Travellers Rest was the Nashville home of Judge John and Mary Overton and their descendants for 150 years. In 1954 the National Society of the Colonial Dames of America in Tennessee rescued the house from threatened demolition by the Louisville and Nashville Railroad after the railroad's Radnor Yards and mid-twentieth-century suburban growth began encroaching on the house and its remaining historic outbuildings. The Colonial Dames initiated the research into Judge Overton and his descendants and began the restoration.
In the late 1790s Overton purchased a Revolutionary War grant from the heirs of David Maxwell and proceeded to build a vernacular Federal style house. As the cellar was being dug in 1798, the workers discovered the remains of a prehistoric Native American village--arrowheads, pottery, animal bones, and human remains. As the first to examine the wealth of buried artifacts, John Overton originally named the house "Golgotha," hill of skulls. From the 1800s to 1996 several teams of professional archaeologists have researched the site and determined that a Mississippian village of two to three hundred people occupied this site between A.D. 1000 and 1400. Unique artifacts from these digs have enhanced scholarship about the Mississippian peoples.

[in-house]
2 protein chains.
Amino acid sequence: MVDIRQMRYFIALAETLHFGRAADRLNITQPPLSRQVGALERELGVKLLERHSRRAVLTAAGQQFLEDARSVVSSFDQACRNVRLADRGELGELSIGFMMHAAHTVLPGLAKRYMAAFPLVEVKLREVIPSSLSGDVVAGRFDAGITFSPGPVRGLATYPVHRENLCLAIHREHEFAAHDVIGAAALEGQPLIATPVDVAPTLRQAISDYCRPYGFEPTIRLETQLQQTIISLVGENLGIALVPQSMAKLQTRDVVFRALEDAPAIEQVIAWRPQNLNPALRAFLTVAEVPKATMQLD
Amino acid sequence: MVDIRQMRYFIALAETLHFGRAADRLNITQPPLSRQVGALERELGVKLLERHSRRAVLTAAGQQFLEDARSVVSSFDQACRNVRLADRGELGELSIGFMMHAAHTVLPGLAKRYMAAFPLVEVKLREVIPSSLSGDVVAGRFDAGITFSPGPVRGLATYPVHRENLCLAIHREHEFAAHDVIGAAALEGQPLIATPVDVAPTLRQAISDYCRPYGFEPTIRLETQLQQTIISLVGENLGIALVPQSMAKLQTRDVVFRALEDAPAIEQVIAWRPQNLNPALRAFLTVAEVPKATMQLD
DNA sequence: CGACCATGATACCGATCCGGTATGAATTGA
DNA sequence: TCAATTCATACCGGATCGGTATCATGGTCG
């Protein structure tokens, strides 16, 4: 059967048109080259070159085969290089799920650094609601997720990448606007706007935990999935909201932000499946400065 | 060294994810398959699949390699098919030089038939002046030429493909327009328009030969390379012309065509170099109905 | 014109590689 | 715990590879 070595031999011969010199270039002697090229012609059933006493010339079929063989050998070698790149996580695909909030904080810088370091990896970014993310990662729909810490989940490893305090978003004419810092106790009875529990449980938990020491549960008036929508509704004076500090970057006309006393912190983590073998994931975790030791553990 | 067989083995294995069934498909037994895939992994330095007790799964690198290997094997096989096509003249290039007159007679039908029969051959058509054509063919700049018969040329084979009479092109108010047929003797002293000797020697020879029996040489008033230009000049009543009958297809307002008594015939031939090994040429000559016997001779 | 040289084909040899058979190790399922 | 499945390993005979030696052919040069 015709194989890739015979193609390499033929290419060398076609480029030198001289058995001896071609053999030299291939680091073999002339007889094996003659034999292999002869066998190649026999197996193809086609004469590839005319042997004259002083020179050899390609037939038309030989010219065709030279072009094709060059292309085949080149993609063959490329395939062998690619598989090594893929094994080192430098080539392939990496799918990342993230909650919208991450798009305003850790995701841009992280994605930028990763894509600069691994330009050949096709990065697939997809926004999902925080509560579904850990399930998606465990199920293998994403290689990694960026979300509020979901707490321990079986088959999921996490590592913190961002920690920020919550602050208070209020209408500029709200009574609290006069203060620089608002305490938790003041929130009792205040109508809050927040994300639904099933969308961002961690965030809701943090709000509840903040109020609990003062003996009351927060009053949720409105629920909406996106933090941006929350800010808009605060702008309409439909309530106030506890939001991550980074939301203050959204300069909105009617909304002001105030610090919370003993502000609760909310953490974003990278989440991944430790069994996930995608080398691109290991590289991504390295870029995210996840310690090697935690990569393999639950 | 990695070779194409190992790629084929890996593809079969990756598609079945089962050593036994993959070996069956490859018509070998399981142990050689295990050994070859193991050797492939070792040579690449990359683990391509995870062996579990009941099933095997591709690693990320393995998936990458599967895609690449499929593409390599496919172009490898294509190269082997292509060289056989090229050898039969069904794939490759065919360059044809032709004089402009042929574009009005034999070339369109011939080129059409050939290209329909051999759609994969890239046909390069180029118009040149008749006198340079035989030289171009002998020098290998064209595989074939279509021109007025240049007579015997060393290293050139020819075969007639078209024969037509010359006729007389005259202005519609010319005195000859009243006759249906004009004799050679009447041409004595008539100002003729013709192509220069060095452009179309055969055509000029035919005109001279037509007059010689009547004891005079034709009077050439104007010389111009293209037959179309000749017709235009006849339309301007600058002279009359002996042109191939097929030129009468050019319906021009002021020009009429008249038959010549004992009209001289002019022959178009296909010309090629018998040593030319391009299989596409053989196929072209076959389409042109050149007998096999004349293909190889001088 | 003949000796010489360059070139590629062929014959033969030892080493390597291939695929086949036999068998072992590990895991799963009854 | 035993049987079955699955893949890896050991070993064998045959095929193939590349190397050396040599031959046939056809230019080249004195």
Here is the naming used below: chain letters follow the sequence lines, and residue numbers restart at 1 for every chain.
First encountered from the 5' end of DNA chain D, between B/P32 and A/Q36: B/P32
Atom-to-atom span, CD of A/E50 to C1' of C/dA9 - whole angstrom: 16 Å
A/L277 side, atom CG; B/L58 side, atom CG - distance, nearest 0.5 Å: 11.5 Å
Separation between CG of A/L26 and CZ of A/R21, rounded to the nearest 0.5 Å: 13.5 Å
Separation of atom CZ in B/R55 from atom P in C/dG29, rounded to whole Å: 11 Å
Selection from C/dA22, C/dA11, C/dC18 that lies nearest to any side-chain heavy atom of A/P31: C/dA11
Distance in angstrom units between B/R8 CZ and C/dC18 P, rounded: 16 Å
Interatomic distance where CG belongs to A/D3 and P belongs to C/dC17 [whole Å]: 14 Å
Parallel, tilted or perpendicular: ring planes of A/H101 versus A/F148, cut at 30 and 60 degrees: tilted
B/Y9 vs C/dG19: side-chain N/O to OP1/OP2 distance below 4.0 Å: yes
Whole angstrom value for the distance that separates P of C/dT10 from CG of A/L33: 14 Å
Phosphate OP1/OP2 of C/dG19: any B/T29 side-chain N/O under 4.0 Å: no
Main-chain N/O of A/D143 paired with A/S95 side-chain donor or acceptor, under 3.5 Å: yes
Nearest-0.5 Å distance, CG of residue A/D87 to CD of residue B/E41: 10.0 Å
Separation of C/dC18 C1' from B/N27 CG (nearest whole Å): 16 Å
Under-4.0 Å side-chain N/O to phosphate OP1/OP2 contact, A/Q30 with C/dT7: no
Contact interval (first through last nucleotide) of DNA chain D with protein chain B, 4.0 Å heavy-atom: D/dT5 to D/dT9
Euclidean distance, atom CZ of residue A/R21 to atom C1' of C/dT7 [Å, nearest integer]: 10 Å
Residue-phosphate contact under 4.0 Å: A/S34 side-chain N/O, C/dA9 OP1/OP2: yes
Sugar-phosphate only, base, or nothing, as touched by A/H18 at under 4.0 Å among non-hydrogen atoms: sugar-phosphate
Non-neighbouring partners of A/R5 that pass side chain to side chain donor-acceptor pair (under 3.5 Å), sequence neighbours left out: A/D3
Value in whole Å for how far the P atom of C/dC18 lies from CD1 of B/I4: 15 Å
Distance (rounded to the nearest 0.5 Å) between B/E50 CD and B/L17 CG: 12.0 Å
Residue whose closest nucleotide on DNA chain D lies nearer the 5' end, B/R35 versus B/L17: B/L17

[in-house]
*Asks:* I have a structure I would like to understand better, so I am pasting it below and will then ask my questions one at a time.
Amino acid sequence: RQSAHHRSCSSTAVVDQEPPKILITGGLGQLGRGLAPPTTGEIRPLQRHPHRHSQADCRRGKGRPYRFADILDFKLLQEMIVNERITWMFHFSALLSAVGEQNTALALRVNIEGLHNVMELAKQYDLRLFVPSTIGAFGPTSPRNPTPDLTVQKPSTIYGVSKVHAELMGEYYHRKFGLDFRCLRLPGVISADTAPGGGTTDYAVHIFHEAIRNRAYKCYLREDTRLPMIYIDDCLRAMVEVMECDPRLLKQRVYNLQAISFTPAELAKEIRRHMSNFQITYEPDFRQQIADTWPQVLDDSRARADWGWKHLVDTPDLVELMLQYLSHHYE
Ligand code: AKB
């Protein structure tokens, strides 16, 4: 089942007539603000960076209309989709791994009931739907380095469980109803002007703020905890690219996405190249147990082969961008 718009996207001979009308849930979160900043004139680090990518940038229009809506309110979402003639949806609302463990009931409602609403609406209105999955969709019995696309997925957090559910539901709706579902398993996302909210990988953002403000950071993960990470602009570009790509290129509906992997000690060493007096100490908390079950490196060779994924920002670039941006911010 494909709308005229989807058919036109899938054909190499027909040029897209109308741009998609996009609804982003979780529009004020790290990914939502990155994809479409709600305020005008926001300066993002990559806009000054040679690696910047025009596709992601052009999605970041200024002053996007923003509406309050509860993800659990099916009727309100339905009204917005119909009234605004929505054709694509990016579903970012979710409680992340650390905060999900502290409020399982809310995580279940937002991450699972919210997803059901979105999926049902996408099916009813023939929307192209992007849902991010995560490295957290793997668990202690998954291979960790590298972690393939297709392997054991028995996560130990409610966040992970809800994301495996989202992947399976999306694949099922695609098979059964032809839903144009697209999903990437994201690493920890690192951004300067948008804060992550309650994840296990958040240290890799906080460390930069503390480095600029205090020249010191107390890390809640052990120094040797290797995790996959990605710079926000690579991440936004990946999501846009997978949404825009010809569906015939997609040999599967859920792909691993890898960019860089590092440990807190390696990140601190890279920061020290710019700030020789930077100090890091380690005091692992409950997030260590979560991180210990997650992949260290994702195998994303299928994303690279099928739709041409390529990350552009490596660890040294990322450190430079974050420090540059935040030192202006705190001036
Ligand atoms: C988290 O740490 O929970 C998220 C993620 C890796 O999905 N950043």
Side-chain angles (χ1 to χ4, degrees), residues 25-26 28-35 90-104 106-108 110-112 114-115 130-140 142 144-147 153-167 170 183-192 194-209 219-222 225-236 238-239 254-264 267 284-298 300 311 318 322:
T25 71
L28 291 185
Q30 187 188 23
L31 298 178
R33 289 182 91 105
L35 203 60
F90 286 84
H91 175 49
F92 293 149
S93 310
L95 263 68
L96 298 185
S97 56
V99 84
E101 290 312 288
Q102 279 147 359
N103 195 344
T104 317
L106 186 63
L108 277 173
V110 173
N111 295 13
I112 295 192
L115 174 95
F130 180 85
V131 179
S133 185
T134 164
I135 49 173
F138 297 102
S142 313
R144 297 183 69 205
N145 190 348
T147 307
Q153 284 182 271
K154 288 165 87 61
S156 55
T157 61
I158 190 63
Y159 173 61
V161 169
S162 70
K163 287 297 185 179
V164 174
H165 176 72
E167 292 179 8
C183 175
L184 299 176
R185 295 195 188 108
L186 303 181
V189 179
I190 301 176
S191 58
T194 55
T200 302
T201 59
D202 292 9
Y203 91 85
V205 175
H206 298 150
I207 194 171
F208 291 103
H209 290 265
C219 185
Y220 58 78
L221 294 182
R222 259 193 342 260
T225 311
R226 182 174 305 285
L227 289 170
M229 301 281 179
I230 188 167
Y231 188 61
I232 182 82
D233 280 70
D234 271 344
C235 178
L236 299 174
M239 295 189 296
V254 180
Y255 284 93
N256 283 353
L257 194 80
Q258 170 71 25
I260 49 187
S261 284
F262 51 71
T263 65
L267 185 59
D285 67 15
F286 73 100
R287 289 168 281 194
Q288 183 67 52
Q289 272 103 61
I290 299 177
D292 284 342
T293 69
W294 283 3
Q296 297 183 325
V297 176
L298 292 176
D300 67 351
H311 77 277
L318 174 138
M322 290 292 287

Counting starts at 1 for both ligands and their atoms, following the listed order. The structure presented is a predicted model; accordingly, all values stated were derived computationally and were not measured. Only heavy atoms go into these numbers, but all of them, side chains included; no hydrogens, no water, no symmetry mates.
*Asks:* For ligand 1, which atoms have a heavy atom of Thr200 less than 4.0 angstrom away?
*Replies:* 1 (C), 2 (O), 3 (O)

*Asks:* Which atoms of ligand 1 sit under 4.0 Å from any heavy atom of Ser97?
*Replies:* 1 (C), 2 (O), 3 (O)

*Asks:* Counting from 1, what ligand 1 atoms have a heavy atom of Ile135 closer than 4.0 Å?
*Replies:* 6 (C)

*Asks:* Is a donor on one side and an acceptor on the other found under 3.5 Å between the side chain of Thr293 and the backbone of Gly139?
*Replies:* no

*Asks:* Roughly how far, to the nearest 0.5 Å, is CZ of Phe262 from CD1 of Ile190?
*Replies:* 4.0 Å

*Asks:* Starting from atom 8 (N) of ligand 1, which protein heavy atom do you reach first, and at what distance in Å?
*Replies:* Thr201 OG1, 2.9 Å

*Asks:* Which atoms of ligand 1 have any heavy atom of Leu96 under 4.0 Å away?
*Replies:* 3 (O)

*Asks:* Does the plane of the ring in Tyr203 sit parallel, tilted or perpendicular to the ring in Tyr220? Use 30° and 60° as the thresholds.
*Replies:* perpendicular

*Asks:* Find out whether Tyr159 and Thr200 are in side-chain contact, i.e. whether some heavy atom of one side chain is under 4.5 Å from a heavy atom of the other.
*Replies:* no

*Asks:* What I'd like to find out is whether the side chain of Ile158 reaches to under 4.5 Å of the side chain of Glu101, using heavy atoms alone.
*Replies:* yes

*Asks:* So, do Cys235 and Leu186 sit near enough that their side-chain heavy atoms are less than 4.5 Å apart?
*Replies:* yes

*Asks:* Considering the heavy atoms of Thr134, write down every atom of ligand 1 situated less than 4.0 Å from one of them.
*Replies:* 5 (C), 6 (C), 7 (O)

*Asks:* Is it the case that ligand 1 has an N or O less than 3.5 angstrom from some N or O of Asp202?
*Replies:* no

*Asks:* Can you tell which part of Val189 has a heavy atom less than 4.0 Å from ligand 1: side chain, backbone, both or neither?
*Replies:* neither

The 1799 house and its 1808, 1828 and post-Civil War additions, plus the historic outbuildings, stand as above ground artifacts, which likewise have been vigorously "read" by historians in an attempt to portray accurately the lives of later inhabitants, both black and white. With snatches of documentation, including the 1833 death inventory of Overton, total restoration of the house to the period of the first Overtons is underway.
Overton was one of the wealthiest and most learned men of his time, and his large plantation thrived. Slave labor built and maintained the buildings and fields of Travellers Rest. The layout of the yard, patterns of movement within the house, remnants of tools, and the very bricks of the structures provide insight not only to the Overton slaves but their white masters as well. In its modern day role as a historic house museum, Travellers Rest and its grounds remain visual texts of the cultural, social, economic, and political history of Tennessee.
Harry Lee Swint, "Travellers' Rest: Home of Judge John Overton," Tennessee Historical Quarterly 26 (1967): 119-36.
Published » December 25, 2009 | Last Updated » January 01, 2010